Multiculturalism & pluralism
|Classification Codes:||9130: Experimental/theoretical|
2500: Organizational behavior
|Copyright Plenum Publishing Corporation Nov 1999|
Diversity has become a central element of the modern organizational landscape-so much so that 75% of the 50 largest companies in the U.S. now have diversity directors or managers (Economist, 1995). A whole new industry has even materialized-diversity training-to help organizations address the challenges that diversity creates (Ferguson, 1994). This interest in diversity should not be surprising. As firms move toward flatter organizational structures featuring groups and teams, and the global economy moves labor across national boundaries (e.g., Byrne, 1993), effective interaction among diverse workers becomes more critical to smooth organizational functioning (Jackson & Ruderman, 1995).
Through all of this, precise definitions of diversity remain elusive (Carrell & Mann, 1993). Diversity in organizations typically is discussed in terms of the benefits of variety in the characteristics of a workforce (e.g., Cox & Blake, 1991; Northcraft & Neale, 1993). However, McGrath, Berdahl, and Arrow (1995) note that the dialogue concerning diversity often confuses different types of workforce variety. One type of variety in the workforce is social category membership, i.e., membership in a group based on a shared characteristic-for example, a demographic characteristic such as race, gender, age, ethnicity, sexual orientation, or even family status. Legal and moral stances on diversity have emphasized creating representative social category diversity in an organization's workforce, i.e., workforce demographic heterogeneity which mirrors the demographic mix of the local labor market. While any personal characteristic (e.g., eye color, astrological sign) might provide the basis for social categorization, only some characteristic workforce variety may be functional, i.e., directly relevant to organizational performance (Northcraft, Polzer, Neale, & Kramer, 1995). McGrath et al. (1995) have noted several different types of diversity that fit under this "functional characteristics" umbrella, including differences within a workforce in knowledge, skills, and abilities (KSAs), values, beliefs, and attitudes (VBAs), and personality, cognitive style, and behavioral style (PCBs).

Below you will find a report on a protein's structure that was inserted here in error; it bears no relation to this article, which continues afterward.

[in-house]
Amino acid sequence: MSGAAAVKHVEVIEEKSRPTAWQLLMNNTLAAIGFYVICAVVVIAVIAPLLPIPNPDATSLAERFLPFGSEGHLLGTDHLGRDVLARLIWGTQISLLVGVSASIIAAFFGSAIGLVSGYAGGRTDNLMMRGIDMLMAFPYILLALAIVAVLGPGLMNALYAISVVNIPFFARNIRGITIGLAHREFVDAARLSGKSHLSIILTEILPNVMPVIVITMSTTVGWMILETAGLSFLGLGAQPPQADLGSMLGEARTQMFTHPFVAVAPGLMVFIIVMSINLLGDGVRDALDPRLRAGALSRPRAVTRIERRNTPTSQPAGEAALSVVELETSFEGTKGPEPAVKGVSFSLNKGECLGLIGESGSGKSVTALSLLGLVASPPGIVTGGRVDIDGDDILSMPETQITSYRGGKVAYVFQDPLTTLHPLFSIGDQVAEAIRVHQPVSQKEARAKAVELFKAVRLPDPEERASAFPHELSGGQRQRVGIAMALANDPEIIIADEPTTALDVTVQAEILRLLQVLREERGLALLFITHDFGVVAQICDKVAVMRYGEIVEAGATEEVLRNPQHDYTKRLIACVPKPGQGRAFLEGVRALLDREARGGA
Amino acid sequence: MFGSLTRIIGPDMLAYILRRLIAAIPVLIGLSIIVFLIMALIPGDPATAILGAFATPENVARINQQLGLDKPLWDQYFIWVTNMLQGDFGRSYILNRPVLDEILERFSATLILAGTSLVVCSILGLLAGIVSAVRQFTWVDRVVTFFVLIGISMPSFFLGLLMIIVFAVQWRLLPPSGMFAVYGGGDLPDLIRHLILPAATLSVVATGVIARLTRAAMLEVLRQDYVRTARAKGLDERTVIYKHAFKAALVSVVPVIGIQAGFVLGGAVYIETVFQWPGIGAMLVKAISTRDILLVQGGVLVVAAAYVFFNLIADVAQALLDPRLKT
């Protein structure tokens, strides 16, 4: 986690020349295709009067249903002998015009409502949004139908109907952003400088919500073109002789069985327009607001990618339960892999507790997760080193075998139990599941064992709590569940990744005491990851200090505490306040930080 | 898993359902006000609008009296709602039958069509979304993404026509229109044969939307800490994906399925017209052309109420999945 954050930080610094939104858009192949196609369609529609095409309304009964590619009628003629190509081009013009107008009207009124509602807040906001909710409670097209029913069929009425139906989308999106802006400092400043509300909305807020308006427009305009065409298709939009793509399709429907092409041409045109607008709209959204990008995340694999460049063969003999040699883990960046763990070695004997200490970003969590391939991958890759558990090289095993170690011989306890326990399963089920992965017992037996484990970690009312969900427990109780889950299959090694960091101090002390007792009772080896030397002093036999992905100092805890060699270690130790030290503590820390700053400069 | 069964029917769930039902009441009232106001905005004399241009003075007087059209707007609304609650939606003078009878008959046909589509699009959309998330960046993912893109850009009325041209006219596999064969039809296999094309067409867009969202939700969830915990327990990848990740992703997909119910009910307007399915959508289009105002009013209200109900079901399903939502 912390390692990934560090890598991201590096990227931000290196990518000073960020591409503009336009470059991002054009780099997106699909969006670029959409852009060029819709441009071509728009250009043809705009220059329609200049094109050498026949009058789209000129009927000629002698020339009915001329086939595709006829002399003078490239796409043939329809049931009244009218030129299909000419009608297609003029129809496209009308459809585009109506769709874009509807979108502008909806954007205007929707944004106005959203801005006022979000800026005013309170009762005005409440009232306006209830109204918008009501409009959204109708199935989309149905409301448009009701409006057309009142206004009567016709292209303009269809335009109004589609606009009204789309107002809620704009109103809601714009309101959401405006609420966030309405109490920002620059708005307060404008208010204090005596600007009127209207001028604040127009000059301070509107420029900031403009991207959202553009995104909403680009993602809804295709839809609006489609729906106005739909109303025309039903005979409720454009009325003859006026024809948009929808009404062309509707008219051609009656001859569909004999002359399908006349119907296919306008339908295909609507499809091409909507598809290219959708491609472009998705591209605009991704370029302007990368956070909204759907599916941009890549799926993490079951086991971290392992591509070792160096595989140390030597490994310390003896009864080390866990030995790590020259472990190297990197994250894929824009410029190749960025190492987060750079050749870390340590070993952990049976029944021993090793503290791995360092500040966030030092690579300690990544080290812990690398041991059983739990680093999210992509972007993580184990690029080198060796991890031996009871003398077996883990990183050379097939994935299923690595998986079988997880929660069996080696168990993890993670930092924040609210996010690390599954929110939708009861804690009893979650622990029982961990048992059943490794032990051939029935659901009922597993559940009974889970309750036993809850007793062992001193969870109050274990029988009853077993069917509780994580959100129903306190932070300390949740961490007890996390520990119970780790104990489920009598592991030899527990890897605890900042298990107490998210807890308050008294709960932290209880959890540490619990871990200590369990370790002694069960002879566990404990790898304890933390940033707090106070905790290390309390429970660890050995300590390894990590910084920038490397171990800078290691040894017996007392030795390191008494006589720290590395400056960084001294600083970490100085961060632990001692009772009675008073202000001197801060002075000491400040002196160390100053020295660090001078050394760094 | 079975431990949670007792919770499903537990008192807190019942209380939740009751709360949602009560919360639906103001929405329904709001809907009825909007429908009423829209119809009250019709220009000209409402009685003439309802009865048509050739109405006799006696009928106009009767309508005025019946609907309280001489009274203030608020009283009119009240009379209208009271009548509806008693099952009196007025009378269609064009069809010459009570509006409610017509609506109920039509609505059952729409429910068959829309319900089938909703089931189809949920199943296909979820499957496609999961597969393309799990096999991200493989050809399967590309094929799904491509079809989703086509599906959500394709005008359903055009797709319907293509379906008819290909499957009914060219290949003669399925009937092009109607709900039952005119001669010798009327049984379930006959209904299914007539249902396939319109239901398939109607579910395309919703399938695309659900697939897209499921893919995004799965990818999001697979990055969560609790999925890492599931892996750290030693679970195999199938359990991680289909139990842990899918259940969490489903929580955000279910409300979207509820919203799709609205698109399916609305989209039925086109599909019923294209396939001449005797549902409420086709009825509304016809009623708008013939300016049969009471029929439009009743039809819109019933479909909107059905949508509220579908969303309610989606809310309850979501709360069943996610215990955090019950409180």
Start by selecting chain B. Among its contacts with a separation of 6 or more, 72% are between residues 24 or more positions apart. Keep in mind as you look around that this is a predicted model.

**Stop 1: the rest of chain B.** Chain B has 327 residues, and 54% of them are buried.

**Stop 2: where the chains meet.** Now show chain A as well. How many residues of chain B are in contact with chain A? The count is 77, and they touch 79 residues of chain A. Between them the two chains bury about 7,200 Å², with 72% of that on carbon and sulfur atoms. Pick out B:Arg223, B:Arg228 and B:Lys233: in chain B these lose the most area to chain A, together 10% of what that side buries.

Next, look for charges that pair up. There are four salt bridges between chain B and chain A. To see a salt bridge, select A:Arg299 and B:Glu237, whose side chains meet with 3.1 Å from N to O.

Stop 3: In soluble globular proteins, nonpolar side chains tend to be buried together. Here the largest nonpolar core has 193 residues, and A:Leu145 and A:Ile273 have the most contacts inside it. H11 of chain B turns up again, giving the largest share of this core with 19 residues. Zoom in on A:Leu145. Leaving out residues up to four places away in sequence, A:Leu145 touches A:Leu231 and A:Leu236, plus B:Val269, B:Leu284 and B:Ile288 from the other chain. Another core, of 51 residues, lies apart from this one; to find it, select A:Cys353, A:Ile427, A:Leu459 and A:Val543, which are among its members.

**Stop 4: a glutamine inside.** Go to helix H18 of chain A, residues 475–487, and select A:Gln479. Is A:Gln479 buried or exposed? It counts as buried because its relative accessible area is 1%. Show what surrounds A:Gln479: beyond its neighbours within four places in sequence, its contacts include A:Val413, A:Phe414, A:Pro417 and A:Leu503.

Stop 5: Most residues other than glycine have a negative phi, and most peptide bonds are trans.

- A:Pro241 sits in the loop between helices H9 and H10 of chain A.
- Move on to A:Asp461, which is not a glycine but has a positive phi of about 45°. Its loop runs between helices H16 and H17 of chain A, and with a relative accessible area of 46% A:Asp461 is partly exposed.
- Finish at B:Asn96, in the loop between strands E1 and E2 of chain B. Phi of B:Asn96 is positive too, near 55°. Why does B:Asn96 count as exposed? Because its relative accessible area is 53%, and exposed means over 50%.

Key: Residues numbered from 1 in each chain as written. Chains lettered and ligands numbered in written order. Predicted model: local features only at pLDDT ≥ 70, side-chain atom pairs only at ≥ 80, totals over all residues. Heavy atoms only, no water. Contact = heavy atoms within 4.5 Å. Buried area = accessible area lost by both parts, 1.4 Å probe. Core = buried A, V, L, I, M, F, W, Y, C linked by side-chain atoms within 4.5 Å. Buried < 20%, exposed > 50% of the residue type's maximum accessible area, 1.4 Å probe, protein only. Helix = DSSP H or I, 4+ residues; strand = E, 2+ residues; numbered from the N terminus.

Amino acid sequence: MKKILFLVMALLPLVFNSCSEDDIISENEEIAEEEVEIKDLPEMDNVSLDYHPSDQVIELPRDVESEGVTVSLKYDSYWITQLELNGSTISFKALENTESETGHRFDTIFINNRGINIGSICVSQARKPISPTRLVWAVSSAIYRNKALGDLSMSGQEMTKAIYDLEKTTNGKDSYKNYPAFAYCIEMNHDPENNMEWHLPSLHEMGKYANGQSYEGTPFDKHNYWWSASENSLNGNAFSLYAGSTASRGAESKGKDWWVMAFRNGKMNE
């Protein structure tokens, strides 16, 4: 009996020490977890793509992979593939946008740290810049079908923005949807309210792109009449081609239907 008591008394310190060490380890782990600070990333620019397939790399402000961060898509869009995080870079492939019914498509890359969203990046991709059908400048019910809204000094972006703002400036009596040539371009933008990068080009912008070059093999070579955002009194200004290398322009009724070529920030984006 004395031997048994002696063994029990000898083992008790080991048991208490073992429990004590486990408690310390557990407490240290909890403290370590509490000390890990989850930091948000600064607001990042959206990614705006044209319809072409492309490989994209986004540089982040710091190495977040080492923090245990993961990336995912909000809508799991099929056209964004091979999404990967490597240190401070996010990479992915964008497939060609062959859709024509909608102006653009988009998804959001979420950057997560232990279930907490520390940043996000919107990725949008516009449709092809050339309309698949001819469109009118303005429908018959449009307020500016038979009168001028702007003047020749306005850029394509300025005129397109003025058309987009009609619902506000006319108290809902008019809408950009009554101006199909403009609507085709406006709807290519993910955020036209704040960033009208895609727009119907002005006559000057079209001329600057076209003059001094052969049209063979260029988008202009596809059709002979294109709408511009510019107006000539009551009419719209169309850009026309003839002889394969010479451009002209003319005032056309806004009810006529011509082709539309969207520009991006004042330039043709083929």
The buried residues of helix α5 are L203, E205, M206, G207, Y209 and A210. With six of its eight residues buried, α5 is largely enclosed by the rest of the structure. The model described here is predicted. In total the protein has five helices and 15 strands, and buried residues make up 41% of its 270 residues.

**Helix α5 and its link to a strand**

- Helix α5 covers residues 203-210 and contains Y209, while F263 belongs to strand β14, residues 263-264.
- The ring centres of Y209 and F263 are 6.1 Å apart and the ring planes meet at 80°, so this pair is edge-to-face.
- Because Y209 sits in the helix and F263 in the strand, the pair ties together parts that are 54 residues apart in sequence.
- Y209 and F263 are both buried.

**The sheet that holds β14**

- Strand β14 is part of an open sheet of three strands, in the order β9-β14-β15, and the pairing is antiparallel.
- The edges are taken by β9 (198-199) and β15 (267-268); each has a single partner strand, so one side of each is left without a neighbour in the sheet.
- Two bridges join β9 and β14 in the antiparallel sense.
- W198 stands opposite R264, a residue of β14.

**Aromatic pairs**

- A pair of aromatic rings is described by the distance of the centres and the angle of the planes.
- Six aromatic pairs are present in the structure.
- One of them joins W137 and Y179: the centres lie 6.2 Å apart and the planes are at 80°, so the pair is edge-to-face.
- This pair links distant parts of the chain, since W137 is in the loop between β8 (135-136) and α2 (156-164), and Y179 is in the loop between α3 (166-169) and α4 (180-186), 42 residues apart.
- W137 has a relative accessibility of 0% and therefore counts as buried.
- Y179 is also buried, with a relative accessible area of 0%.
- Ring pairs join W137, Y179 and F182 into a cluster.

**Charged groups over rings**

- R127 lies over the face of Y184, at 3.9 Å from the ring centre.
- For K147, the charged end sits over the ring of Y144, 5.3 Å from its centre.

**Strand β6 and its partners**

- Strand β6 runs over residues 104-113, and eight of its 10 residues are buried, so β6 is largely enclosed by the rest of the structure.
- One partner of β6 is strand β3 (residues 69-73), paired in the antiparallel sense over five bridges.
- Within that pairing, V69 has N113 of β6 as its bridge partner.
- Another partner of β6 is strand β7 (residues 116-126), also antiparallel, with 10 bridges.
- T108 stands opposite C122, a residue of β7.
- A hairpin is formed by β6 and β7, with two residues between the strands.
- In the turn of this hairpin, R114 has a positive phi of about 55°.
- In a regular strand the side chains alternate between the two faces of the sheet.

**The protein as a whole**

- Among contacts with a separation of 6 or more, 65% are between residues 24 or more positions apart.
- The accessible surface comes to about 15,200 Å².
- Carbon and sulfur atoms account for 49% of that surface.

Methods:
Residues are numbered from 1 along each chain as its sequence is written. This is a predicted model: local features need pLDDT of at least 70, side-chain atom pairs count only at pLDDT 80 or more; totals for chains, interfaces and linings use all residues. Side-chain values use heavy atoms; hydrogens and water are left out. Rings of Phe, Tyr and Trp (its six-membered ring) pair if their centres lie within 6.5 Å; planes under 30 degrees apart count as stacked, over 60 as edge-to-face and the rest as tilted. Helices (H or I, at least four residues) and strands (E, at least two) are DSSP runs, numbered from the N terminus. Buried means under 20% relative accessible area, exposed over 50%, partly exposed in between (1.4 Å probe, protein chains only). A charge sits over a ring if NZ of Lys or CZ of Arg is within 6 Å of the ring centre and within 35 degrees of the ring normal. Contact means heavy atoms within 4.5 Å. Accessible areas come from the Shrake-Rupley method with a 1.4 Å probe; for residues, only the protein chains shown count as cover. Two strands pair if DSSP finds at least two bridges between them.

Researchers have decried the absence of good conceptual frameworks for understanding how to manage workforce diversity (Triandis et al., 1994)-an absence which may account for the indifferent success of diversity initiatives in organizations (Economist, 1995). This paper presents a conceptual framework for understanding diversity in organizations. The framework is grounded in two well-documented theories of social behavior: social identity theory (e.g., Tajfel & Turner, 1986) and the theory of social dilemmas (e.g., Messick & Brewer, 1983). We argue that the costs associated with workforce diversity in organizaions arise because managers and their employees perceive organizational conflicts (and organize their interactions) along social identity lines. The result is three social dilemmas of diversity: organizational, individual, and managerial. Social identity effects create the dilemmas of individual and managerial participation; the costs of managing individual and managerial dilemmas create the dilemma of organizational participation. Viewing organizational diversity in terms of social dilemmas and social identity theory can help organizations overcome the dilemmas and make the benefits of diversity more accessible to organizations. We begin by reviewing our two central theoretical perspectives: the theories of social dilemmas and social identity.
SOCIAL DILEMMAS AND SOCIAL IDENTITY